Greenspace is also important for mental health: Many studies show that individuals who live near greenspaces and have more opportunities to connect with nature experience less anxiety, stress, and depression, and an improved quality of life generally.

Communities’ co-benefits approaches help show way forward

Those are just some of many examples of climate solutions that provide health co-benefits. As societal norms shift to more plant-based diets to help reduce agricultural industry emissions, individuals can more often eat healthier. As populations adapt to increasing numbers of heatwaves and natural disasters, governments can help reduce weather-related mortality and morbidity by creating resilient infrastructure and early warning systems. And as the climate change dialogue is broadened to focus on both an environmental and health perspective, communities can expand and customize their own region-specific climate solution options.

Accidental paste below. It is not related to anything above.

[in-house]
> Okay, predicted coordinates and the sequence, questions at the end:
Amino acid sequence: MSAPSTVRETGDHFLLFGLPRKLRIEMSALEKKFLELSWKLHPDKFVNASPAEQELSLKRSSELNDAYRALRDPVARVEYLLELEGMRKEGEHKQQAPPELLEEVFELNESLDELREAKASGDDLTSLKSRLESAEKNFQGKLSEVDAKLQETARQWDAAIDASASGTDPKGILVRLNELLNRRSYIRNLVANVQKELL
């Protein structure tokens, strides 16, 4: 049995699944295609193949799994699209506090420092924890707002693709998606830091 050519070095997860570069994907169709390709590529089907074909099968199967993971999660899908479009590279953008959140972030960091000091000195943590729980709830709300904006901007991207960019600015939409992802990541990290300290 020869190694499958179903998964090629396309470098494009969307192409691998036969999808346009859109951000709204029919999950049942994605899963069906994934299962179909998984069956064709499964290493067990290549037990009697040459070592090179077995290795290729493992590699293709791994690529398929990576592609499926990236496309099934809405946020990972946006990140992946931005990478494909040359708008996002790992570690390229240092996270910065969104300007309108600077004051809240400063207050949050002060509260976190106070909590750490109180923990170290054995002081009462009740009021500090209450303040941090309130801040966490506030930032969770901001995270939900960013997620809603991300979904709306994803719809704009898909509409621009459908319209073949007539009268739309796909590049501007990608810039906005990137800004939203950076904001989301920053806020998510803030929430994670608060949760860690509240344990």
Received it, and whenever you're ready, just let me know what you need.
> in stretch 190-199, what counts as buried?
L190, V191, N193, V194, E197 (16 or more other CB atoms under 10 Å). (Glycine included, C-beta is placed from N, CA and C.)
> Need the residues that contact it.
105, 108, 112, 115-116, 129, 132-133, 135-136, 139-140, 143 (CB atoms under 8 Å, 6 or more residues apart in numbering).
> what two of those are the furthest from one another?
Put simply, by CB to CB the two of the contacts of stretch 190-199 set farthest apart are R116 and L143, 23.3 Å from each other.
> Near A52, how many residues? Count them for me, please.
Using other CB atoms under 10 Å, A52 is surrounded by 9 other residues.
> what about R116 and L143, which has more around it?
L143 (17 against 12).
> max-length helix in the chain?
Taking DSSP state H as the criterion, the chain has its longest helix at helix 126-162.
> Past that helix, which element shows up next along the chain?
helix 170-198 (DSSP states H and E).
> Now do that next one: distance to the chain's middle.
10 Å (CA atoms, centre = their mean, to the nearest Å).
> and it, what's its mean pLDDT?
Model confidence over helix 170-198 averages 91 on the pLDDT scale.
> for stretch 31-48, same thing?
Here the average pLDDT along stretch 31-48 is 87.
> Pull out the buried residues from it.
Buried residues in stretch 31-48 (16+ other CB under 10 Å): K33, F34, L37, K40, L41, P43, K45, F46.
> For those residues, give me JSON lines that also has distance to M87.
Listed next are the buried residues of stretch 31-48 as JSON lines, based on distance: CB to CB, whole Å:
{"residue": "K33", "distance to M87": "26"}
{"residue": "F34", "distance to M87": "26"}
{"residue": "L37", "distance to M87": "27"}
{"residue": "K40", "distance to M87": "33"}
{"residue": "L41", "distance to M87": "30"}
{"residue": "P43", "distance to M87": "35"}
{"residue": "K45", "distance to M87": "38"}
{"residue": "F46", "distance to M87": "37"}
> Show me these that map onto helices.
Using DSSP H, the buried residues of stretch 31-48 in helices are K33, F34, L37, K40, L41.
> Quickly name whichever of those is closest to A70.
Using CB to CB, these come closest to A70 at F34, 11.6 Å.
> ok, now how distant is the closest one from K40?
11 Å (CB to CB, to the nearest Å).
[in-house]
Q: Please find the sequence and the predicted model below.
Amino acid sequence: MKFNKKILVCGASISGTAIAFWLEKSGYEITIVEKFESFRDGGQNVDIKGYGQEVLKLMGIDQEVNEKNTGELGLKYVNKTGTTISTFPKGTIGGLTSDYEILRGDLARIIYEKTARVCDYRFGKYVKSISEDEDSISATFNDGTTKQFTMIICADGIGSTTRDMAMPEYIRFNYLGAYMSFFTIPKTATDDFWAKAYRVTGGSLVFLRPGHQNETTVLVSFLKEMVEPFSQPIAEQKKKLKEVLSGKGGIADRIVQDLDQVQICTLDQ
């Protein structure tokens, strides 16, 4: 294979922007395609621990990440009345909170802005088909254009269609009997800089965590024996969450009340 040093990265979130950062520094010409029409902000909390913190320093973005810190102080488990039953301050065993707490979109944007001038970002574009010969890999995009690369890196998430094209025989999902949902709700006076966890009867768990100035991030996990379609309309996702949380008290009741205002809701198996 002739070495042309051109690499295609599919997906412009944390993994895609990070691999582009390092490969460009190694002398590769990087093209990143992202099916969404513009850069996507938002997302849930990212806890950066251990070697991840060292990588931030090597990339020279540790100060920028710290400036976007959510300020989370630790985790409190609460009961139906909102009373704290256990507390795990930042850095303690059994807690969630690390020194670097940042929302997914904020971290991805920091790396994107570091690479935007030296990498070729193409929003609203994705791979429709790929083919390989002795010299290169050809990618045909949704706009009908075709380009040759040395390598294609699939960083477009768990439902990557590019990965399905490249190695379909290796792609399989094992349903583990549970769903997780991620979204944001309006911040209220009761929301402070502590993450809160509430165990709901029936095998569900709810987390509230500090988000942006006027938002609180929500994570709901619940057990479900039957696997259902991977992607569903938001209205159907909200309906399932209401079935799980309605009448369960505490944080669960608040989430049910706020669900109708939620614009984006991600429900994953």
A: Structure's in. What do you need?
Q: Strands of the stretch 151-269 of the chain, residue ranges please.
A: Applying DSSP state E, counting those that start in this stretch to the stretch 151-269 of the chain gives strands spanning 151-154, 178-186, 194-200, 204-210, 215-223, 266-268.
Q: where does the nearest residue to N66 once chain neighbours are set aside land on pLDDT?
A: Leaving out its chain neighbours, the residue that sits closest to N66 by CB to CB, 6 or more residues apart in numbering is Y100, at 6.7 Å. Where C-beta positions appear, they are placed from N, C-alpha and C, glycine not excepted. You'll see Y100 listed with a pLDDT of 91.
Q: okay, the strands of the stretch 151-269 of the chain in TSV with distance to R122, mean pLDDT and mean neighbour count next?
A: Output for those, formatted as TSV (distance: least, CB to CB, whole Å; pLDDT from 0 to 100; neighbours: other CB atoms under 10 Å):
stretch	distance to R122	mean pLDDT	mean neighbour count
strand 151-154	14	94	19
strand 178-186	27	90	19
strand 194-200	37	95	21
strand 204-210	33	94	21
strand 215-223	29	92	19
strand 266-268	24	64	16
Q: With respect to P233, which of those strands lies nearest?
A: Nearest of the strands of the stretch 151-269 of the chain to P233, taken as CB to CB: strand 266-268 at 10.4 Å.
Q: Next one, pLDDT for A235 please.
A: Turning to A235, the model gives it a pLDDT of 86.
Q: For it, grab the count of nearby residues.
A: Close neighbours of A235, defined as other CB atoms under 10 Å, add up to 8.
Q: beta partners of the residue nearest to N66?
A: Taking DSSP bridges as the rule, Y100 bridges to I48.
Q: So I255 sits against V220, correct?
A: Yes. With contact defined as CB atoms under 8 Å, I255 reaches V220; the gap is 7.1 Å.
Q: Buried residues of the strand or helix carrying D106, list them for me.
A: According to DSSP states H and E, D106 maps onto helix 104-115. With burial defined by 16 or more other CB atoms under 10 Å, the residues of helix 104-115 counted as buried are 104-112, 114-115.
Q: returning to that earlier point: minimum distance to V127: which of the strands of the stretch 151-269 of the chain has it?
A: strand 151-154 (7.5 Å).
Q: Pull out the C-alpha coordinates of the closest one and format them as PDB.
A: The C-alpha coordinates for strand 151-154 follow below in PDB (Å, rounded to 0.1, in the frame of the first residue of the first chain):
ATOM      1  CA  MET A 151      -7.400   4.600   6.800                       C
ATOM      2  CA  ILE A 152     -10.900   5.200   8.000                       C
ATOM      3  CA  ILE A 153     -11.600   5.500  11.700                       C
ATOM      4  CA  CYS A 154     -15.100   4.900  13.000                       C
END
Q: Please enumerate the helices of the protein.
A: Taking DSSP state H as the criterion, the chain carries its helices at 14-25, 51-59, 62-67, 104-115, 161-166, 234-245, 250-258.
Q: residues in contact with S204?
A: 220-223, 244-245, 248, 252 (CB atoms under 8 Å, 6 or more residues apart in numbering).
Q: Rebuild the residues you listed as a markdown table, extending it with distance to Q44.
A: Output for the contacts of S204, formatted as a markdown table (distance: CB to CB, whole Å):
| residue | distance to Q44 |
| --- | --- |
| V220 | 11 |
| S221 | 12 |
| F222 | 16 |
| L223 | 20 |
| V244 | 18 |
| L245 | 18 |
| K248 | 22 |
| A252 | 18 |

Communities increasingly are recognizing a need to work toward healthy people and healthy planet solutions, and many are starting to do so. Buenos Aires has become Argentina’s most pedestrian- and bicycle-friendly city, having successfully implemented an active transportation plan that widened sidewalks, redesigned intersections, protected bike lanes, and introduced a bike-sharing system. In London, evidence demonstrates that new School Street programs – which prevent motor vehicles from entering roads around schools during drop-off and pick-up times – have reduced pollution and resulted in healthier neighborhoods.

In the U.S., open space and sustainability plans guide Chicago’s move toward green development and healthy places. And in France, Paris is pointing the way for others by prioritizing people and nature through its ambition to create a 15-minute city and become Europe’s greenest city.

A critical component in increasing the opportunities to foster support for collective action toward these health co-benefit solutions lies in further embedding health in global, national, regional, and local climate dialogues…and in learning from the experiences of others already embarking on such efforts.

Maeve Brennan, a recent master’s of public health graduate from the University at Albany School of Public Health, is an aspiring public health professional.

*Editor’s note: The Yale program responsible for this research is the publisher of Yale Climate Connections.